Full Transcript of Pelosi Press Conference on Health Care Reform

WASHINGTON, July 13 /PRNewswire-USNewswire/ -- Speaker Nancy Pelosi and House Democratic leaders held a press conference in the Capitol this afternoon with four middle-class Americans, who represent the struggles that so many have with our current health care system. Democrats will soon introduce a bill that will provide quality, affordable health care for the middle class.

Below is a transcript of the entire press conference:

Speaker Pelosi. Good afternoon. It is with great excitement that I welcome you here today as we continue our momentum toward reforming health care to lower costs for all Americans, to improve quality, to bring stability to people's homes.

Today, we are highlighting why we are reforming health care this year and why it is important to do so, and do so as soon as possible. If we do nothing, the cost of health care for the average family of four will increase $1,800 a year. This is a hardship for that family. It's a hardship for businesses. It's a hardship for our economy. It's a hardship for our budget. And so we cannot afford to do nothing.

Over the coming weeks, Congress will continue working with President Obama to make health care reform work for middle-class families in America. We will be on schedule to do as we have planned to vote for this legislation before we leave for the August recess.

But in the meantime, we have a path to success: lowering costs for consumers and businesses; giving greater choice to Americans, including keeping your current doctor or plan if you like them; improving the quality of your care; putting doctors, not insurance companies, back in charge.

You'll hear some of our opponents of reforming health care saying that -- that this is putting government between you and your doctor. That's what they say. It is just the opposite. What we are doing is removing the health insurance company from between patients and their doctors.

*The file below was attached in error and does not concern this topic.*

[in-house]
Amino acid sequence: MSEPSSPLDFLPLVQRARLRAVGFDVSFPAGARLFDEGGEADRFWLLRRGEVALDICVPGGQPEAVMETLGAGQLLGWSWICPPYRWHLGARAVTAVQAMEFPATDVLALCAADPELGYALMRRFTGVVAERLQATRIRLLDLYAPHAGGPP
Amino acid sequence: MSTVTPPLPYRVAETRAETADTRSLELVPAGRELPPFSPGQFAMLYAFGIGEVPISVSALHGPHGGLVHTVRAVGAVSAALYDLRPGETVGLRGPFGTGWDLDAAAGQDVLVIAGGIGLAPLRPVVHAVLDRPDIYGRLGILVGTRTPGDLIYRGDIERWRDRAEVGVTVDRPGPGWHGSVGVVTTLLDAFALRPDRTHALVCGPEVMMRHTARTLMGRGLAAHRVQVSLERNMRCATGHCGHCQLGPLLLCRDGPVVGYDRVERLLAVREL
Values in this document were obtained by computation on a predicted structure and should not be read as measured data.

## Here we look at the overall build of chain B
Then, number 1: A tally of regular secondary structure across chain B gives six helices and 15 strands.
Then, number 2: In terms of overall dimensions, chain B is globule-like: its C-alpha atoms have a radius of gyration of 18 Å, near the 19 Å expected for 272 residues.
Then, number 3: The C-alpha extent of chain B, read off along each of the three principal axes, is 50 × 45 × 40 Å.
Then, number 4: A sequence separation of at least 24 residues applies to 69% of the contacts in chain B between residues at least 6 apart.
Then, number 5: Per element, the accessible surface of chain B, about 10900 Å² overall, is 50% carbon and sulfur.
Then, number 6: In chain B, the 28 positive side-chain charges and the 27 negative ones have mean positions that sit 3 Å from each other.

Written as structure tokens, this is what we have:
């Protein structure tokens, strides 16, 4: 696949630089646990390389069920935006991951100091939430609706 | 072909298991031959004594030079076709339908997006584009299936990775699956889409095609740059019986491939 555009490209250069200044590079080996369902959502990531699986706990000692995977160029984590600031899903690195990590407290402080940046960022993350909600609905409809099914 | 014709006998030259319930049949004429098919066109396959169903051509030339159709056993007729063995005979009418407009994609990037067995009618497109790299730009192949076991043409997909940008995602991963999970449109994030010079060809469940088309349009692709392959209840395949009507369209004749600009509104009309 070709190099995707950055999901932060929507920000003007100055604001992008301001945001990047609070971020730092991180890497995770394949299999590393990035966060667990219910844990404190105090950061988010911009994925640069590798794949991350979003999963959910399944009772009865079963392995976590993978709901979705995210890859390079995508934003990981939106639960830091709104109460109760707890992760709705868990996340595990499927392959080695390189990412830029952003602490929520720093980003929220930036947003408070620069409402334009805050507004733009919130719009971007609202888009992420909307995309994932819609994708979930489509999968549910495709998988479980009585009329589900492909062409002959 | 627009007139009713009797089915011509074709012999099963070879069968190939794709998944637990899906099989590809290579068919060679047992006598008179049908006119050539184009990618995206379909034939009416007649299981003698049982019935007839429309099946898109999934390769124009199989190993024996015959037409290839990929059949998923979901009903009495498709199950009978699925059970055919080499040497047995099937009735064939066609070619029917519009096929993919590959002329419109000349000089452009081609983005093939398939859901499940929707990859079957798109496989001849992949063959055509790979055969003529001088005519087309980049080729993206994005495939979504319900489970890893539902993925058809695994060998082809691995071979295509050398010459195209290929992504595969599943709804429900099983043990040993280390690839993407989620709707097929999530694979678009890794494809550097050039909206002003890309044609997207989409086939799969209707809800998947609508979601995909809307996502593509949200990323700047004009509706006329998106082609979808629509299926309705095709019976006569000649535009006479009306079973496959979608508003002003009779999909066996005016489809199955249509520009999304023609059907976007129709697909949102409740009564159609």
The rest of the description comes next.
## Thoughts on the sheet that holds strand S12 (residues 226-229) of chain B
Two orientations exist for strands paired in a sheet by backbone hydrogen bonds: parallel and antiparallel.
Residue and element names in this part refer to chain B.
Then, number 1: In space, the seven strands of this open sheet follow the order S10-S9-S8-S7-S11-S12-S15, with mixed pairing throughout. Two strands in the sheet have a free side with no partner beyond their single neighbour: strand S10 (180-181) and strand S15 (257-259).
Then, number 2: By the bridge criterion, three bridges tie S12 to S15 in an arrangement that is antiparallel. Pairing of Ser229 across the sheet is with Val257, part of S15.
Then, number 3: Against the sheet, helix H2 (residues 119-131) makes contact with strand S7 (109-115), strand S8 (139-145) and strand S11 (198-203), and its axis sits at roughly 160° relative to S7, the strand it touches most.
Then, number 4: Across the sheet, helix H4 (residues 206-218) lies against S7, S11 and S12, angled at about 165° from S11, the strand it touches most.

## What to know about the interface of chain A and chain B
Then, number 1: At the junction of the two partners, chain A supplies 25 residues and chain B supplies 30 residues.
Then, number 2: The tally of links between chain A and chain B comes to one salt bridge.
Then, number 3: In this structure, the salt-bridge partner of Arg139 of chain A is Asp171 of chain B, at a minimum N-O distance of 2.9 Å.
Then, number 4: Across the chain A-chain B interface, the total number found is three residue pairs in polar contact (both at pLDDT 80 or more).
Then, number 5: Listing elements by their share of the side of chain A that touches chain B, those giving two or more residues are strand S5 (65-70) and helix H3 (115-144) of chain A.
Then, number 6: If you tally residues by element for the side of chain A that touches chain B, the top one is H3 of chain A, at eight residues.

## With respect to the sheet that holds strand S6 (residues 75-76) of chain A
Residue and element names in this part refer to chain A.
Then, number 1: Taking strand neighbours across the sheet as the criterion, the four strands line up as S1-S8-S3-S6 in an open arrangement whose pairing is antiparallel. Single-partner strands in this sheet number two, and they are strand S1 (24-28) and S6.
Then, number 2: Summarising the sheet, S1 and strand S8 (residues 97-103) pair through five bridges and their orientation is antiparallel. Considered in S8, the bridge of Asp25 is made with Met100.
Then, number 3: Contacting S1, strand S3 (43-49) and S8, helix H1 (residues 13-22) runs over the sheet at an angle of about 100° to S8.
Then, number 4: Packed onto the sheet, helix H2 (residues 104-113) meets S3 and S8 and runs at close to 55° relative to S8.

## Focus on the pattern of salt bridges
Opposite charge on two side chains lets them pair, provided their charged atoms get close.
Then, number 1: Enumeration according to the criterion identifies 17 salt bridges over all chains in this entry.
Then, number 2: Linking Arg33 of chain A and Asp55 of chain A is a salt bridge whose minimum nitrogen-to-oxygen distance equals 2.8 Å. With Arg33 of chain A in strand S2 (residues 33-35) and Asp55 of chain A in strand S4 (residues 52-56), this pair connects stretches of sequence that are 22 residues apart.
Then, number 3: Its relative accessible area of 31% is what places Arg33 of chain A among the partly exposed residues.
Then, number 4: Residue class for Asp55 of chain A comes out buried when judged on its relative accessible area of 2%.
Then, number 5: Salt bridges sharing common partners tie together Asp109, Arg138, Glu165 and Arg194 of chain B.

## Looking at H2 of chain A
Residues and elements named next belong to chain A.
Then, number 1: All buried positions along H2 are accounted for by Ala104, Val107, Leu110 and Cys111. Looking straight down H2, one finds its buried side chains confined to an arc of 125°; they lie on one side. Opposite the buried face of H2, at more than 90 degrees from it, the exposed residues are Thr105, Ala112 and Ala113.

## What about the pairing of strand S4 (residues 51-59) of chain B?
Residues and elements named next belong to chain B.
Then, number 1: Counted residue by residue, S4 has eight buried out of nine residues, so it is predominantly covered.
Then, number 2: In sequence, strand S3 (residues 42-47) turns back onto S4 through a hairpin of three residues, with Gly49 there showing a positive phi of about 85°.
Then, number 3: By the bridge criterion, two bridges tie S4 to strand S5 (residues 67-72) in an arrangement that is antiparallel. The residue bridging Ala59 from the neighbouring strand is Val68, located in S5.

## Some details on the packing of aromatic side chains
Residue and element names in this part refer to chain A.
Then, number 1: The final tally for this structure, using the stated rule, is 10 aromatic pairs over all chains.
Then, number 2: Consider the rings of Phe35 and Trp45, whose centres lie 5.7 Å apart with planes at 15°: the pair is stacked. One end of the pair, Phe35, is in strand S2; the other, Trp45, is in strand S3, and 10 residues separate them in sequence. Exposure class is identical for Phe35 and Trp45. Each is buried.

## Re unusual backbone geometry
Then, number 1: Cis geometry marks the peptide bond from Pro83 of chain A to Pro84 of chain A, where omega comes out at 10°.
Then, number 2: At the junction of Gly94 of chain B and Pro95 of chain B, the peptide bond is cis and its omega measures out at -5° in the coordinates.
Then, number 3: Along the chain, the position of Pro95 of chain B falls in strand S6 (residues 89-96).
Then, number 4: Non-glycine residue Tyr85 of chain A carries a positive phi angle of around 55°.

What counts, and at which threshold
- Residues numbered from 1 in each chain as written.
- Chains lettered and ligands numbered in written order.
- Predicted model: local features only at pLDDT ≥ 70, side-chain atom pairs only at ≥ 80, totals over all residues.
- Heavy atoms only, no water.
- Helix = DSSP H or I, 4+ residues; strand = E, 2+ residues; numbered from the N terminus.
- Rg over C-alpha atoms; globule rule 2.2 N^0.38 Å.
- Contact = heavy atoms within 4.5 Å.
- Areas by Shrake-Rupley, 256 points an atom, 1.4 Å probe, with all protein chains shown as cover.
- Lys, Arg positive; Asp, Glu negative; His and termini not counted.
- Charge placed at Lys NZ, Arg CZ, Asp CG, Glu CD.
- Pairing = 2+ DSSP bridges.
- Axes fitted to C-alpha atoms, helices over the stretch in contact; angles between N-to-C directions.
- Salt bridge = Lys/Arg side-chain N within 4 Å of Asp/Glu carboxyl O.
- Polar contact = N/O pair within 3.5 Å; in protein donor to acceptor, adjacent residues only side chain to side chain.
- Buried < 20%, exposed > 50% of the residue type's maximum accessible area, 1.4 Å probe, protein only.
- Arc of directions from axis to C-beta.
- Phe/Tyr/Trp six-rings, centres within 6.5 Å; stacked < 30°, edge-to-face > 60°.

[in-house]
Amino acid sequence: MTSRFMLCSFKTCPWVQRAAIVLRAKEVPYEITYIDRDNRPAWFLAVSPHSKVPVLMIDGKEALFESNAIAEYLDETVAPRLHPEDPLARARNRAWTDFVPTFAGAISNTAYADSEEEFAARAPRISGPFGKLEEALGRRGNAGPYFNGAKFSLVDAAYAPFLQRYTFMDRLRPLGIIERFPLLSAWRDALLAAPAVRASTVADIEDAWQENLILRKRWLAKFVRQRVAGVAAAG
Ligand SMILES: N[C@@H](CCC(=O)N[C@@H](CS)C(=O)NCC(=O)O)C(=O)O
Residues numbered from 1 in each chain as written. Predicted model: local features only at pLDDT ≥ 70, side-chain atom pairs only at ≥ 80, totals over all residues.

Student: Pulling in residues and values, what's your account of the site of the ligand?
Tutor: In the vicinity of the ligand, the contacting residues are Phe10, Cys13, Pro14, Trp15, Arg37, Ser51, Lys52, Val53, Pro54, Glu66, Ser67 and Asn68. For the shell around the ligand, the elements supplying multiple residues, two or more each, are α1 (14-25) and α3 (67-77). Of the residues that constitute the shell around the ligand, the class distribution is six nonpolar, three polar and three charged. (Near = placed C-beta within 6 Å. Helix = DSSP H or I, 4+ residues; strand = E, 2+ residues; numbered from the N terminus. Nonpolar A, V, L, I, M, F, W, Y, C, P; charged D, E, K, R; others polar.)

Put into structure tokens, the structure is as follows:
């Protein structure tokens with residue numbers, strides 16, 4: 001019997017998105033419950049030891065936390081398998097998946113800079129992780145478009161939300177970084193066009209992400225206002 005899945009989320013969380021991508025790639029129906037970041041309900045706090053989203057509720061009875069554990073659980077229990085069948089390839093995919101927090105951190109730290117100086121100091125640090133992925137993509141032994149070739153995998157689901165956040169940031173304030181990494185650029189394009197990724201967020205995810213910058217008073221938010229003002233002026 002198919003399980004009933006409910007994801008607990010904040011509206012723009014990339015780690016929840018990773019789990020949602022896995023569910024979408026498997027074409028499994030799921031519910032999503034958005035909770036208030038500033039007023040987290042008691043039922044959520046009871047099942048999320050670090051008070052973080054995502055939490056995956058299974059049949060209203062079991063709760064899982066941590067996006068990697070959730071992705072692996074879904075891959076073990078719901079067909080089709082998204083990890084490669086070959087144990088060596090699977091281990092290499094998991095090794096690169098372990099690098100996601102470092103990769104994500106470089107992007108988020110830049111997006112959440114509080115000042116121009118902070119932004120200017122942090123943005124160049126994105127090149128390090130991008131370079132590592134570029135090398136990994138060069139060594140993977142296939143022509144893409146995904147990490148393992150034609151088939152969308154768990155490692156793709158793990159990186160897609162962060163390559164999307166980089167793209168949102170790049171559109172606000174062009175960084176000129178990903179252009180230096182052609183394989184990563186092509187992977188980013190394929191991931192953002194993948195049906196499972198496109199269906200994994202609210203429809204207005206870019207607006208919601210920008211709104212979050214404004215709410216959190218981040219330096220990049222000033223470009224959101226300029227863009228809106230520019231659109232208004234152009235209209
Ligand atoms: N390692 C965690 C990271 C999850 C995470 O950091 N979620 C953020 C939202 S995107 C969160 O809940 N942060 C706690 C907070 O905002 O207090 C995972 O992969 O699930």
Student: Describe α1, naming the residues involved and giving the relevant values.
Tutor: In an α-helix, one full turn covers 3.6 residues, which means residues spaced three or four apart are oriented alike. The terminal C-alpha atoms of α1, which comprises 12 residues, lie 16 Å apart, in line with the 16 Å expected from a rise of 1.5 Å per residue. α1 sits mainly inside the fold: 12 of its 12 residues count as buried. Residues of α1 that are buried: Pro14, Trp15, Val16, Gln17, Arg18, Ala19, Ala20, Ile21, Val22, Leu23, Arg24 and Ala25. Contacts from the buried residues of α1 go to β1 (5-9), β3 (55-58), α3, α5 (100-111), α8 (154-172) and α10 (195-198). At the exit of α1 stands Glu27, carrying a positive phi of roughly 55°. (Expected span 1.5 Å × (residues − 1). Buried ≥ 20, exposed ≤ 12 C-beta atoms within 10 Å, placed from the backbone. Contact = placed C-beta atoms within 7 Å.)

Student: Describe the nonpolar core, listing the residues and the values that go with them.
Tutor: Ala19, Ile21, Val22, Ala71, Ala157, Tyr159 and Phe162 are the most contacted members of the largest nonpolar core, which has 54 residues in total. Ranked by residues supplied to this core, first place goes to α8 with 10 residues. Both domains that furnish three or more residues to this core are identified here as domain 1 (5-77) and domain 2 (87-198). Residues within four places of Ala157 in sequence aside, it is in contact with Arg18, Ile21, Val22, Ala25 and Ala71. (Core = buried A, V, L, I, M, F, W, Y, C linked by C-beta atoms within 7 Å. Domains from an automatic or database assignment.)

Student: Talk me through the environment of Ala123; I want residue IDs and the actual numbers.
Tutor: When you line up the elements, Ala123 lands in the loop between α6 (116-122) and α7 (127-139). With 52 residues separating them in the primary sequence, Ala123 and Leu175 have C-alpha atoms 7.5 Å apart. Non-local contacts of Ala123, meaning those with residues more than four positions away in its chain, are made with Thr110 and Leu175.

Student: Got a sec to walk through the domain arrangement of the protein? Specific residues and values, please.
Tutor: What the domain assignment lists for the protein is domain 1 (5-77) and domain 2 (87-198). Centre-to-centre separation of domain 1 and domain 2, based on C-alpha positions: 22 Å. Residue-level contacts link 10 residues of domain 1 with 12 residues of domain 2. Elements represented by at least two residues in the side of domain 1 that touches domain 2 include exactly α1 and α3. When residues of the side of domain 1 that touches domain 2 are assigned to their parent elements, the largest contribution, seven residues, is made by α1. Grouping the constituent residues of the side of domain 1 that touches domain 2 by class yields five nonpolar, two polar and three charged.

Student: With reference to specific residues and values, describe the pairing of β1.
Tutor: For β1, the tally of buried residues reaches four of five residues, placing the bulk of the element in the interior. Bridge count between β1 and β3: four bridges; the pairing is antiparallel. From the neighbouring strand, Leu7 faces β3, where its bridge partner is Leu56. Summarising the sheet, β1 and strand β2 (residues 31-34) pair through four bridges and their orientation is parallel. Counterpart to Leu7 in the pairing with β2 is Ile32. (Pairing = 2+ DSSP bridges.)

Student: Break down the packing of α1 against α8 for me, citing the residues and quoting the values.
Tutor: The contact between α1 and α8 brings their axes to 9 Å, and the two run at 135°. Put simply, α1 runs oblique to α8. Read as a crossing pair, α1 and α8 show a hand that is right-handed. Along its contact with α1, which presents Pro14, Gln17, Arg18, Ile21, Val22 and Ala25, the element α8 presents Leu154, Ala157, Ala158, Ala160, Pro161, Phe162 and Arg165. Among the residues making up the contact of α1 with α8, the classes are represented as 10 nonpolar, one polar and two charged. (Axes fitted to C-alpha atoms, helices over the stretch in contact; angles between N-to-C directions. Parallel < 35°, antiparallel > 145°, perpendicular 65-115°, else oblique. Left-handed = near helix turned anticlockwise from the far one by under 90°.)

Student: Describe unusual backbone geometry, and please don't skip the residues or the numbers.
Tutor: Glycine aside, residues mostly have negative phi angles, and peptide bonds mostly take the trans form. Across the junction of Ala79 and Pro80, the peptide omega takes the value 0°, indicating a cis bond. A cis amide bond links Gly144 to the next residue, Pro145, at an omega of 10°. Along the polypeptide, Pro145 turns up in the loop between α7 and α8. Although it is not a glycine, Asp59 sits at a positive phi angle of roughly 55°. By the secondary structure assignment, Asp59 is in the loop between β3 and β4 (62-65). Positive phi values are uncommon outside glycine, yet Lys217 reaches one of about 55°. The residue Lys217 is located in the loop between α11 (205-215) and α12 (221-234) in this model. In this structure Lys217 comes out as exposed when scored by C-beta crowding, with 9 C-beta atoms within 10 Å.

In doing so, we will provide stability and peace of mind that people cannot be denied for preexisting conditions, and that people have portability if they go from one job to the next, and that they will not lose their health care if they lose their jobs. And this is why this is so important to middle class families in America.

Today, just before we introduce the legislation, we're so pleased to be joined by three Americans -- well, four -- Joe Greear and Diane Buch who are with us. They are going to talk about pre-existing conditions. Phil Feaster, whom Mr. Hoyer will introduce, his constituent, will talk about seniors and the donut hole; and Tammy Rostov a small business owner.

I would now like to turn this meeting over to the distinguished Democratic leader of the House, Mr. Hoyer.

Majority Leader Hoyer. Thank you very much, Madam Speaker, and thank you for your leadership on this issue and so many others.

There are certain things that are a necessity for all of us: clean air to breathe, water to drink, food to eat, and our health. Those are essentials if we're going to have any quality of life. Indeed, the first two are essential if we're going to have life period.

We are debating in this Congress all of those issues. Clean air, we passed an energy bill. We passed it in the timeframe in which we said we'd pass it. It's now in the Senate. Hopefully, they will pass it soon and we will have conference on that issue.

We are now addressing health care, which as I said, is a necessity for all of our families. Reforming health care is an economic imperative, a budget imperative, and a moral imperative. It's an economic imperative because health insurance premiums, as the speaker has indicated, have more than doubled since 2000, straining family budgets across America and going up at $1,800 per year.

And with our companies' spending twice as much on health care as their foreign competitors, the cost of health care translates into less productivity, economy, and fewer jobs and less competitiveness.

Reform is a budget imperative because, unless we find a way to control the growth of health care costs, our country will plunge further and further into debt.

Families will plunge further into debt. Individuals will plunge further into debt. And reform is a moral imperative as well, because millions of Americans live without the security of health care that they can relay on and that can never be taken away from them.

The Speaker talked about choice, not putting anybody in between their doctor and themselves, but making sure that they can get to a hospital; making sure, in fact, that they can have the health care they need.